Corporate tax rates and rhetoric / by Simmon Li

I just read an article that repeats the same kind of logic on corporate tax cuts that I think misses the whole picture. The article, in the business section is (surprise surprise) all for lower corporate tax rates. Let me lay out my position. Yes, our tax rates have to be in the general vicinity of average, but the corporate tax rate (combined, federal + provincial) does not need to be the lowest. All of these articles I read talk about this kind of thing ad nauseum. The argument goes, "Canada's international competitiveness hinges on our combined corporate tax rate!" And thus, they use the jargon like "competitive advantage." Competitive advantage a lower corporate tax rate would be, but it's something that changes so often. A race for the bottom isn't going to make Canada more attractive as a place to run a business. Taxes, when the whole story is taken into account, are only part of the story. Sure the US has the highest tax rate in the world, but they still command a lot of the knowledge and creative work of the world. This is slowly changing, but clearly, the tax rate is only part of the picture.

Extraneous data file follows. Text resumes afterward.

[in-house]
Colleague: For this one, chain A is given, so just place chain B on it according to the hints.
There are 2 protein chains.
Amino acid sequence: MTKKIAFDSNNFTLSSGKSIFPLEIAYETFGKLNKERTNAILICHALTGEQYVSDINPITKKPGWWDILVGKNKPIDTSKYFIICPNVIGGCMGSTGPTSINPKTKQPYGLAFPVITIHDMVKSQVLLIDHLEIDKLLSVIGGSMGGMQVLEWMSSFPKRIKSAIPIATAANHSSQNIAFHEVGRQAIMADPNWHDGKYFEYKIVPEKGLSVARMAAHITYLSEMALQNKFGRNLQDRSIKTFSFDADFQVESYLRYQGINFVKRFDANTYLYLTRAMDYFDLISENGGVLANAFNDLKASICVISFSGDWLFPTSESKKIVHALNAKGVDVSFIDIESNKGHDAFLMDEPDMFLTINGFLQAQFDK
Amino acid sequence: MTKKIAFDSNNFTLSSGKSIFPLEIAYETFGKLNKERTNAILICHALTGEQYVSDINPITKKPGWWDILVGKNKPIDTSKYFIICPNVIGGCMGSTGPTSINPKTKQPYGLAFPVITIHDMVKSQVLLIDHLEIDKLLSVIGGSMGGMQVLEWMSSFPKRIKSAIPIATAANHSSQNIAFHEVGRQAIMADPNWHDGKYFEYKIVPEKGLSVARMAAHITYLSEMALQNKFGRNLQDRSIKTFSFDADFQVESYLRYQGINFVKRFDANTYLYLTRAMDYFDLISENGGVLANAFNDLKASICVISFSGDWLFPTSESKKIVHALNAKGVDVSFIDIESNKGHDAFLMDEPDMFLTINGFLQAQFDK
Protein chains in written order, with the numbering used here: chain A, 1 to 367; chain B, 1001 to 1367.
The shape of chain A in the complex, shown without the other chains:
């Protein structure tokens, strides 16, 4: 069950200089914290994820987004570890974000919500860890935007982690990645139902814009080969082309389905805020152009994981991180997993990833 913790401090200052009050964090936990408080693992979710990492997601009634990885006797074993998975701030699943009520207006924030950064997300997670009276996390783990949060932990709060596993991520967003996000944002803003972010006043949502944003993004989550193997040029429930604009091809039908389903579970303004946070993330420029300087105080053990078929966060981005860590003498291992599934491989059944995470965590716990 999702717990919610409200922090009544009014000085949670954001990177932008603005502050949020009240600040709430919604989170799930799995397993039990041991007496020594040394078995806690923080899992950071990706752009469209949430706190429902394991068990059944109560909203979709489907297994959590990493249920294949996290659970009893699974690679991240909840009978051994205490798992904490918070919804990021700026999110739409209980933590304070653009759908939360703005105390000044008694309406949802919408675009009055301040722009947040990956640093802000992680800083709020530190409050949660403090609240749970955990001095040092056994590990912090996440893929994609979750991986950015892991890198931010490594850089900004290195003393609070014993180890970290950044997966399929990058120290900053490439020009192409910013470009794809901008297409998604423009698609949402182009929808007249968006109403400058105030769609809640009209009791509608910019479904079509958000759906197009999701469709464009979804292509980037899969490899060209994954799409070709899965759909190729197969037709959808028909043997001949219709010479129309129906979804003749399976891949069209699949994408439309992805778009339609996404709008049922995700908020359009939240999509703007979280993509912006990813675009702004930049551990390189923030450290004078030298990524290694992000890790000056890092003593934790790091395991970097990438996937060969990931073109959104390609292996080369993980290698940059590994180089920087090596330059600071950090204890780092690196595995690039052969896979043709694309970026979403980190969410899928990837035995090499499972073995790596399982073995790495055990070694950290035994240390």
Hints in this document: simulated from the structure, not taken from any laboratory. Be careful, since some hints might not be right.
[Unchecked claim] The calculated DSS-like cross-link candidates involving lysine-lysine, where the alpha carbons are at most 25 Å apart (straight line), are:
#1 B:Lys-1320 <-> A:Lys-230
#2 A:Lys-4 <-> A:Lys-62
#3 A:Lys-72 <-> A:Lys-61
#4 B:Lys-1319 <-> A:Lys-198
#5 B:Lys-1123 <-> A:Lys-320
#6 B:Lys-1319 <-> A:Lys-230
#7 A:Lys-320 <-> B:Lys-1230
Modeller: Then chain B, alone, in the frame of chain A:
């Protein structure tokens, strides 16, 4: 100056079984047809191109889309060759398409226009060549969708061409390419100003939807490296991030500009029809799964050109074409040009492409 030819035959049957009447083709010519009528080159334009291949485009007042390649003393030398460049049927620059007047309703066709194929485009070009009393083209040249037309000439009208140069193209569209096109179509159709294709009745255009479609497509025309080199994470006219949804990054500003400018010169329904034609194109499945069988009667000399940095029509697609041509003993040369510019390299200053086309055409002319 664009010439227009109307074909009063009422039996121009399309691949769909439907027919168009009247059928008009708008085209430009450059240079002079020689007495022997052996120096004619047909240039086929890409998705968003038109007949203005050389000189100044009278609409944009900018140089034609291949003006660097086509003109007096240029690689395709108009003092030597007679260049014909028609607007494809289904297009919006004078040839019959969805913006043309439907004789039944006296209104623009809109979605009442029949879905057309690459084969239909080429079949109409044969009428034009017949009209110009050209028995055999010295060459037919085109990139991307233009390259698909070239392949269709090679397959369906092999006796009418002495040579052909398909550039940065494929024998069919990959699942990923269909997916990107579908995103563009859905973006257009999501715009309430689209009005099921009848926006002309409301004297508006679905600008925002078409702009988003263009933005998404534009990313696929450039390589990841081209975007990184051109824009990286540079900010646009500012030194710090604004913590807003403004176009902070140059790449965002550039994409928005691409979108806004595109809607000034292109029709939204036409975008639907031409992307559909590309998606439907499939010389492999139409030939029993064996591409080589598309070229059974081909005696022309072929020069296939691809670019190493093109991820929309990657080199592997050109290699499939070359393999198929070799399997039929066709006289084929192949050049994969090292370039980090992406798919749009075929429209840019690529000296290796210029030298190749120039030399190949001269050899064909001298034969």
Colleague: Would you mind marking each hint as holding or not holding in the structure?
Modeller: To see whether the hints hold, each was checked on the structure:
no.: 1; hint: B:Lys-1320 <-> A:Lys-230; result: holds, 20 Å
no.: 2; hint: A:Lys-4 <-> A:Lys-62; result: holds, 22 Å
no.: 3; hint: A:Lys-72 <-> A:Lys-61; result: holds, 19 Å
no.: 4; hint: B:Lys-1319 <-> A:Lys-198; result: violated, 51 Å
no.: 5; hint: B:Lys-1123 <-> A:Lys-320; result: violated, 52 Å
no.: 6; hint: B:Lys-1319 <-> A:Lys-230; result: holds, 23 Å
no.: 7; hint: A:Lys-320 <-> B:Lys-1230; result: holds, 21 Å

That is my fundamental issue with articles of this type. They espout a low corporate tax rate as though it will magically result in jobs, growth, and revenue (Laffer curve). However, such things only encourage businesses to invest money. And even then, if your country has fairly poor human and natural capital, there is nothing to invest in. India and China right now are doing very well siphoning a lot of that low value-added work because it's a pure numbers game. High value-added work is not quite so straight-forward.

Let's be honest and stop harping on corporate tax rates as the saviour of our poor economic situation. Yes, they are part of the story, but there's more to the story than tax rates.